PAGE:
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Race, religion, and ‘Doubt’

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Heavy topics: Aziza Fubert plays Mrs Miller in Doubt, John Patrick Shanley’s award-winning play that opens at Daylesford Theatre tonight (Photograph supplied)

In the early 1960s, races were segregated and there was a common belief that priests could do no wrong.

That’s all thrown into question when Donald Miller becomes the first Black student of St Nicholas, a Catholic school in the Bronx.

His arrival coincides with an investigation of a popular priest by the principal, Sister Aloysius.

It just so happens that Father Flynn is “advocating reform of the school’s strict customs” when his attention to Donald comes under scrutiny.

Whether the priest has done anything wrong will likely make for interesting conversation once the curtain goes down on Doubt, A Parable.

John Patrick Shanley’s Pulitzer Prize-winning play also won a Tony Award; it opens at Daylesford Theatre tonight, the latest production of the Bermuda Musical & Dramatic Society.

“The child grooming may or may not have occurred and of course there's the theme of religion, and belief, and your faith in God,” said Aziza Furbert who plays Mrs Miller, the young boy’s mother.

“It's a Catholic school and Sister Aloysius, she has to think: this priest, he’s supposed to be a man of God, how could he potentially do this to a child? What does that mean for this organisation that I'm a part of?”

Aziza Fubert and Therese Bean in Doubt, John Patrick Shanley’s award-winning play that opens at Daylesford Theatre tonight (Photograph supplied)

Doubt was released as a film in 2008. As a mother, the role gave Ms Furbert a lot to think about.

“The subject of child abuse is one that needs to be discussed in Bermuda and there's a lot of organisations here that help people to become more knowledgeable about it – Scars is one of them.

“I’m a mom, I have two little boys of my own, and I think people in positions of trust have more access; they are more able to do things like this.

“You hope that they won't but it's good to be informed and to know what to look out for and to be able to tell your kid what to look out for.”

It’s not the first time she has been part of a dramatic production. Always cast “in the chorus in high school musicals” she was surprised when Rebekah Nebard contacted her about Veils, a play BMDS put on in 2019 about two Muslim women studying in Cairo.

“I played the role of an American college student who was going abroad to study in Egypt just as the Arab Spring was getting going.

“It was dealing with cultural differences between her and her roommate; everything that was going on and her expectations, and it was largely about the hijab and Muslim women and showing that they're not a monolith.

“That was really important for me as a Muslim woman to be able to play a role in that and while there were moments of levity in it was quite heavy – there was a bit of racism, patriarchy and sexual assault – especially towards the end.”

Emily Ross as Sister James, Stephen Notman as Father Flynn and Therese Bean as Sister Aloysius in Doubt, John Patrick Shanley’s award-winning play that opens at Daylesford Theatre tonight (Photograph supplied)

Nemeses, a contender in BMDS’s Famous for 15 Minutes playwriting festival last year, was the antithesis – a comedy that didn’t require her to memorise quite as many lines.

“It's a comedy and it was really funny. It gave me a chance to do something much shorter – a 15-minute show as opposed to a two-woman, hour-and-a-half show. And now I'm back in a heavy role with Mrs Miller.”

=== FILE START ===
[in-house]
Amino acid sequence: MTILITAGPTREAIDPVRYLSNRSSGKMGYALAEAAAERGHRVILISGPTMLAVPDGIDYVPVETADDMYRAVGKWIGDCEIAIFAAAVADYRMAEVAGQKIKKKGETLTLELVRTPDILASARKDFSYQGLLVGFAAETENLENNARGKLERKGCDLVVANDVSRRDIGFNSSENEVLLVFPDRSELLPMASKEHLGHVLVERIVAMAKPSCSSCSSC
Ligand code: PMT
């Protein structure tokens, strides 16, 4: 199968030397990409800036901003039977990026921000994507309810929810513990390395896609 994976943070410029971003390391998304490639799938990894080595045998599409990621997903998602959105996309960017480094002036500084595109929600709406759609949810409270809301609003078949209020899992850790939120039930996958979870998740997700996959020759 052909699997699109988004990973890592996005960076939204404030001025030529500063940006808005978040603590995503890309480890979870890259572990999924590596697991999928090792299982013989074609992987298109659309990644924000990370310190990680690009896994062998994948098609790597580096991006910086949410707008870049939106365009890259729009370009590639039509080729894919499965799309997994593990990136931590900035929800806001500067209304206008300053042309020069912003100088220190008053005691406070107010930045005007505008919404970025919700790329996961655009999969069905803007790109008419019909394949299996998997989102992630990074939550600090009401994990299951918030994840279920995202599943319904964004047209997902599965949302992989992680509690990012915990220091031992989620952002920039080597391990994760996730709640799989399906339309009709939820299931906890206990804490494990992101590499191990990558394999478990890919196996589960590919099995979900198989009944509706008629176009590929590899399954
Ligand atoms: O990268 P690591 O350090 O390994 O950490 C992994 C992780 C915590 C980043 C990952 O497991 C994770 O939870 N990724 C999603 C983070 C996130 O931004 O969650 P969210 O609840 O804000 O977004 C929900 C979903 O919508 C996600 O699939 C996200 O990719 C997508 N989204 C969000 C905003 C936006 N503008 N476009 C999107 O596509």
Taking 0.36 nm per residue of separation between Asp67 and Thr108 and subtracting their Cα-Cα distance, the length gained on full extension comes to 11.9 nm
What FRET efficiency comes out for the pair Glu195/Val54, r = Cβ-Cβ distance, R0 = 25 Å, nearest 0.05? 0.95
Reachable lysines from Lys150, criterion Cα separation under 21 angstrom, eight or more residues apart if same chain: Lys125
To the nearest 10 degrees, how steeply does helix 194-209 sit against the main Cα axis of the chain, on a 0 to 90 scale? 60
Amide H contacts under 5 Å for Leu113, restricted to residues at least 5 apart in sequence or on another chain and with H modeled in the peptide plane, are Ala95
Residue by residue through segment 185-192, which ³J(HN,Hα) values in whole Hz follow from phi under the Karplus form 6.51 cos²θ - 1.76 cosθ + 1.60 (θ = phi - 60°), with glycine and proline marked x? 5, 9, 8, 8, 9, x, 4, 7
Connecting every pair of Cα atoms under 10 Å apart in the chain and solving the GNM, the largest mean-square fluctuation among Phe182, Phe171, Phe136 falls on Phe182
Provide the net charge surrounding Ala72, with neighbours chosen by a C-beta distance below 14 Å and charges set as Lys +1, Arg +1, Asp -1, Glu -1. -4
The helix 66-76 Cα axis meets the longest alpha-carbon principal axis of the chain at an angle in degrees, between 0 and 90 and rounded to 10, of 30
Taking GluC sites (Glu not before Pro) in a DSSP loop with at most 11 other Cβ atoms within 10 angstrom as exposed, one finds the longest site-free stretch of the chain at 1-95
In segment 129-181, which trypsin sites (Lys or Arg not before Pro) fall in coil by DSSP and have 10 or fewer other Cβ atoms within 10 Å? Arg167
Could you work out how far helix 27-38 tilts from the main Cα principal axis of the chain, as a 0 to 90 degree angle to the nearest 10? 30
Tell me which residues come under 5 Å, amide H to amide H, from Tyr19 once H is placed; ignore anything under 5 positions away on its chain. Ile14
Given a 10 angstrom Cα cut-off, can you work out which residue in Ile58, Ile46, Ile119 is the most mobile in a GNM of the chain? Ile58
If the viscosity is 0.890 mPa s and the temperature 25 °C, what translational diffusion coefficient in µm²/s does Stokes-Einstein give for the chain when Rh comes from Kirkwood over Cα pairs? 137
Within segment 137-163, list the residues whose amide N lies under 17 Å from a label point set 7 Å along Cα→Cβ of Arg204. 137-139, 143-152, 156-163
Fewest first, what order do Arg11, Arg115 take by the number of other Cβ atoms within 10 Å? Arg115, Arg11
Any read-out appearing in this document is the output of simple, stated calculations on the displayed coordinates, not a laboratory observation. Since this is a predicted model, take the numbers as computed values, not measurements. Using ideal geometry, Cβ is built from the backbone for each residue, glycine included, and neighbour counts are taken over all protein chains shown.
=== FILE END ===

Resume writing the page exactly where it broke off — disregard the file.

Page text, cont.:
She only appears in one scene, called in by Sister Aloysius who suspects Father Flynn of having an improper relationship with Mrs Miller’s son.

“She is concerned about him because he is the first Black student to attend the school; she worries that the other boys are going to hit him because he's Black.

“She's very concerned about this child, but then it comes to her attention that he was drinking wine in altar. And she's concerned that the priest has given this boy this wine and basically this play centres around did he do it?

“Did he not do it? And then she calls the boy's mother and I come in and I have a conversation with her that is rather unexpected, I would say.”

Although she loved Nemeses, it was a treat to return to the stage in a more weighty role.

“I knew that it was quite a complicated role and after having done Veils I was interested in doing something that was a bit tricky again, a bit dramatic compared with my last comedy role, which was a lot of fun but it's nice to get a character to sink your teeth into.”

Doubt is set in 1964, in the middle of the Civil Rights Movement. As inspiration, Ms Furbert drew on some of the things she’d heard from her parents of life back then.

“They were about the same age as Donald Miller would have been at that time. And so thinking back on their stories and what they've told me about that time period, and their own experiences with integration, I think helped me to get into the mindset of the role.

“In our time we have the knowledge of everything that happened – of priests being moved around from place to place rather than being reprimanded or taken out of the system.

“So we come into watching this with that background knowledge. Whereas I think what comes out through Sister James's character that Emily [Ross] plays is kind of this innocence. that everything is holy and wonderful and this couldn't possibly happen.”

Doubt, A Parable runs tonight, tomorrow and Saturday at Daylesford Theatre and continues February 23, 24 and 25. All shows begin at 8pm. Tickets, $35, are available at www.ptix.bm

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Published February 16, 2023 at 7:23 am (Updated February 17, 2023 at 8:05 am)

Race, religion, and ‘Doubt’

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